The modern horror game is one that sticks pretty close to the blueprint laid out by Capcom's 1996 release Resident Evil. Slow pacing, methodical puzzles, and scares centered around things that jumped out of the darkness were the order of the day then, and since that time, games have roughly based themselves on this concept. Surreal's new game, The Suffering, goes for the horror thing with creepy monster design and startling visual trickery, but it also ditches most of the ammo-conservation and slow pacing found in a majority of horror-themed games. The end result is a much more action-packed experience that might be a little too straightforward in spots, but it does make for a solid action game.
In The Suffering, you'll play as a thick-sideburned tough guy named Torque. The game opens with Torque being led to his new cell on death row at Abbott State Penitentiary, an island-based prison where the baddest of the bad go to die. Torque has been convicted of murdering his wife and two sons, but he doesn't actually remember anything concerning their murders. After a brief intro, a bunch of creepy monsters attack the prison, slaying many of the guards and inmates alike. This leaves Torque free to explore so that, hopefully, he can escape the prison island and reach safety.
Shortly after getting out, Torque picks up a large shiv that he can use to battle the monsters. Along the way, he'll also pick up other weapons, including a pistol, a tommy gun, a shotgun, flares, flashbangs, and so on. You'll also acquire bottles of pills, which act as healing items that can be used at any time. Additionally, you'll get a flashlight that you can clip to the front of your shirt, which comes in handy because much of The Suffering is superdark.
You'll also learn early on that Torque has the ability to transform himself into a big monster when you fill up his "insanity meter." The monster does pretty serious damage to most foes, but you'll have to watch the meter closely and change back manually before it empties. If you let it drain all the way, Torque won't survive. Torque's monster form is an interesting addition, but it's usually easier to just pick off enemies from a distance with one of your many firearms, thus making the monster form generally feel like more of an afterthought than a necessity.
The game is pretty focused on combat against various creatures. Each creature has its own moves and abilities. Some will hang back and try to pelt you with projectile attacks, while others will attempt to get up close and personal. The hangmen will simply descend from the ceiling and attempt to choke the life out of you, while the burrowers you'll encounter later on will pop up out of the ground and attempt to whip you with chains. The game is pretty good at giving you a lot of targets to shoot at, and as a result, you'll usually have more than enough ammo to deal with any situation, though the higher difficulty settings do toughen things up a bit.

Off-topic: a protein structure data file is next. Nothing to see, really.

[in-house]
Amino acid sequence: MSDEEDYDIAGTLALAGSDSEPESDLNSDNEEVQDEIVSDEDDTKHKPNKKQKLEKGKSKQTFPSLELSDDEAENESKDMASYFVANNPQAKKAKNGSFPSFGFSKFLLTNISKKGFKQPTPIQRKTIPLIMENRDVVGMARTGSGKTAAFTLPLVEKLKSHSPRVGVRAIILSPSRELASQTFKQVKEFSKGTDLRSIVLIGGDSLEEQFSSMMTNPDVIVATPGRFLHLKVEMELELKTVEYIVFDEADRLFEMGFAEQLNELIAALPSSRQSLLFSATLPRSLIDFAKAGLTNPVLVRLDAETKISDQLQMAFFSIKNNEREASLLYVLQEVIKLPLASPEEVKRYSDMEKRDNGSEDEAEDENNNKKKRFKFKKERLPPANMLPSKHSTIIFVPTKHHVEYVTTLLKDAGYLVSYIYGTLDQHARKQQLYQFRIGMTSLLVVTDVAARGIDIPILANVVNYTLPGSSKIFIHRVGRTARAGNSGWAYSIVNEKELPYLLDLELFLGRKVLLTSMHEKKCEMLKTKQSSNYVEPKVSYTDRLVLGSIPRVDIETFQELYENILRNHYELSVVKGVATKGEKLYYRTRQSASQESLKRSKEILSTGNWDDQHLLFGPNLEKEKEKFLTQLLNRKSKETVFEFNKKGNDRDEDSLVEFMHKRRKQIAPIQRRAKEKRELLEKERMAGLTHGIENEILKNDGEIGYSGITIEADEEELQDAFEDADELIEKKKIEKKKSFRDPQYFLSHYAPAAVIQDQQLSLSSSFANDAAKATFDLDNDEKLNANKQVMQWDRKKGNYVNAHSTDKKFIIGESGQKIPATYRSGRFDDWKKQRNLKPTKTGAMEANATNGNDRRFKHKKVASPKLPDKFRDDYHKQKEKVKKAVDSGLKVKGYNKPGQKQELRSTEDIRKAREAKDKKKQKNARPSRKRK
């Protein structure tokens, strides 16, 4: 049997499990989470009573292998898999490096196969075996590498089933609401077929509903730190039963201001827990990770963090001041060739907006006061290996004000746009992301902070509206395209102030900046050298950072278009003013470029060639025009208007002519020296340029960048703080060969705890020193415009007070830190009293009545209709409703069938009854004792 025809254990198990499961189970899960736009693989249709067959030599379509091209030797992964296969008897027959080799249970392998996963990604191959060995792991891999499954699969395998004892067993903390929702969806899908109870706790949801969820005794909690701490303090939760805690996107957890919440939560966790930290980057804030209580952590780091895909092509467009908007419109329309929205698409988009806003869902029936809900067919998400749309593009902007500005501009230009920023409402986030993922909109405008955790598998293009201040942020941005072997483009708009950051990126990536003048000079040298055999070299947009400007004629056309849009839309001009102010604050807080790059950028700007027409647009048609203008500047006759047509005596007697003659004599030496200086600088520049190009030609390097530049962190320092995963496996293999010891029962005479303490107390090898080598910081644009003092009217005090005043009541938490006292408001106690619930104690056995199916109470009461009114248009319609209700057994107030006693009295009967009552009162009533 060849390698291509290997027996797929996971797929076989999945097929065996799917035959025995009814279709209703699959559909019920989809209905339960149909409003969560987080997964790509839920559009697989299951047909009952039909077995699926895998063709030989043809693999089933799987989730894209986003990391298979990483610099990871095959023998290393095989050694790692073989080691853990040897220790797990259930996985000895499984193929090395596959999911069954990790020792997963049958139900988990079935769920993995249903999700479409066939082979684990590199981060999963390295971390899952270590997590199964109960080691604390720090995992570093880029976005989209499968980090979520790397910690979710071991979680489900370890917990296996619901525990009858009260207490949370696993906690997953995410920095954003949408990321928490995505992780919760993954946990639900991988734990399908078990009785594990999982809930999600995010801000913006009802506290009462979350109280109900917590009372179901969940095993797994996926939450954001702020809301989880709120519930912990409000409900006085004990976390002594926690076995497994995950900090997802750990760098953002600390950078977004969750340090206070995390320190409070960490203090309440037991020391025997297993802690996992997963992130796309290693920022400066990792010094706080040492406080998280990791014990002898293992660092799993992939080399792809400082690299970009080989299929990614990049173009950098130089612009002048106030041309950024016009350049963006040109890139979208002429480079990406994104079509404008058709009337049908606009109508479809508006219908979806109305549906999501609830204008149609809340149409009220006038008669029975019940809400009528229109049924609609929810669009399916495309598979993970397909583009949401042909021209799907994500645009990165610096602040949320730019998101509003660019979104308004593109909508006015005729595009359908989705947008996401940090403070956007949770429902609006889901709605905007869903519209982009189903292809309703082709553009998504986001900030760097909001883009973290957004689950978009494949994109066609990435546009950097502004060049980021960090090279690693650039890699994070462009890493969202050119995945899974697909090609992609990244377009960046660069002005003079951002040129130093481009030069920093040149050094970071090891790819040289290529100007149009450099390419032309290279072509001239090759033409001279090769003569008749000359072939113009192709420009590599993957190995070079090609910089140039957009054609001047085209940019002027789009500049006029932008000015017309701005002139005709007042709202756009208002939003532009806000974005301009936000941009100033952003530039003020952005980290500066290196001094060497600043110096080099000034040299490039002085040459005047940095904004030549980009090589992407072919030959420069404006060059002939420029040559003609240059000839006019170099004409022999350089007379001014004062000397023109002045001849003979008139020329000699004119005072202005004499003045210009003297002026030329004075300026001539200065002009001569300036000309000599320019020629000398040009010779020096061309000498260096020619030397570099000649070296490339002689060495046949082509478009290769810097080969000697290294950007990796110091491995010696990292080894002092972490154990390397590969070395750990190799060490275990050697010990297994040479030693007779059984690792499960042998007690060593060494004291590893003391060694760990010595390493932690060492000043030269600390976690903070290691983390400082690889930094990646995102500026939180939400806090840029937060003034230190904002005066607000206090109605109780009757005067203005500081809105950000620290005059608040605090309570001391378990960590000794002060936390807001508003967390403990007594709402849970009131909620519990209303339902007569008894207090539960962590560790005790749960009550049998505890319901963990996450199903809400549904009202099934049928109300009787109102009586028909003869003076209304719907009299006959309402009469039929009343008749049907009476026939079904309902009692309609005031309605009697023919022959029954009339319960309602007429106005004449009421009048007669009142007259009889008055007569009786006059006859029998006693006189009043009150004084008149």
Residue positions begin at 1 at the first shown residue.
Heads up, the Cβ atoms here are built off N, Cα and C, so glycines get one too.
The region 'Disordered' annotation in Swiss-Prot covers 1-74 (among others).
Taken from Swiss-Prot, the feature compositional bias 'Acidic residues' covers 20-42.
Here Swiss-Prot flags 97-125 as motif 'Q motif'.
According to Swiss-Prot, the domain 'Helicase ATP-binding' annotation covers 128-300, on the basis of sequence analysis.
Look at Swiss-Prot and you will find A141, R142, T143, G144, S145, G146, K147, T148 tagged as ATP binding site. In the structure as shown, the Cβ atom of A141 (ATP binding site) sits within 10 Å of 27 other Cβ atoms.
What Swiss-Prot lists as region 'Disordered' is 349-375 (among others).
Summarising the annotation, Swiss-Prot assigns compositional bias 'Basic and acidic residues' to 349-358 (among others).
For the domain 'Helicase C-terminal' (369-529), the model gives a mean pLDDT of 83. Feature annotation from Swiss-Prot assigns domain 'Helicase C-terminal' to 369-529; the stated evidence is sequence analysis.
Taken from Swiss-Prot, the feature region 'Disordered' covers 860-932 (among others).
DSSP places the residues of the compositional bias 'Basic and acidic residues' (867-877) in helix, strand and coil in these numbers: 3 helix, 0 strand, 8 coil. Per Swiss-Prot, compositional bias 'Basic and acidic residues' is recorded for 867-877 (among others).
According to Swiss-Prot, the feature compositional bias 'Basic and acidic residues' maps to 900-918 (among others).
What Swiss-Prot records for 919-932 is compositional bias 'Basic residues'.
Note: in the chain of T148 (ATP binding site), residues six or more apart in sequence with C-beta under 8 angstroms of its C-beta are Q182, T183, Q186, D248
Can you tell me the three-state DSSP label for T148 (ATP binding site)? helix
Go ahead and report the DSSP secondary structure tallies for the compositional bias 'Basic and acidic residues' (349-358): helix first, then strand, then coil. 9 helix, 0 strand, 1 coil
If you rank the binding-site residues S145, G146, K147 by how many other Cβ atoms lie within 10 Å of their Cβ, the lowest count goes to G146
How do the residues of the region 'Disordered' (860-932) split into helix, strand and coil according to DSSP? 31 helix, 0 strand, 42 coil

While the game is good at giving you plenty of monster-shooting action, it also really could have used either some more tactics for monsters or more varied types of monsters. Without this, the game's action does grow a little tedious over time, since you'll essentially face the same handful of creatures from start to finish, and you'll rarely have to change tactics to deal with them.
Aside from shooting things, you'll also do some light puzzle-solving. Most of this is as simple as finding a button or a switch to open a door, but you'll also have to push or pull boxes around, put out fires that block your path, and so on. On top of this, there are multiple ways to play the game, depending on your disposition. You'll run into trapped guards and inmates from time to time, so you can choose to help them by getting them out of their current binds or by leading them to safety. Or you can ignore them. Or you can simply blast them and take any items they may have on their persons. These choices are essentially scored and tabulated behind the scenes, and at the end of the game, you'll see one of three different endings based on what sort of person you were.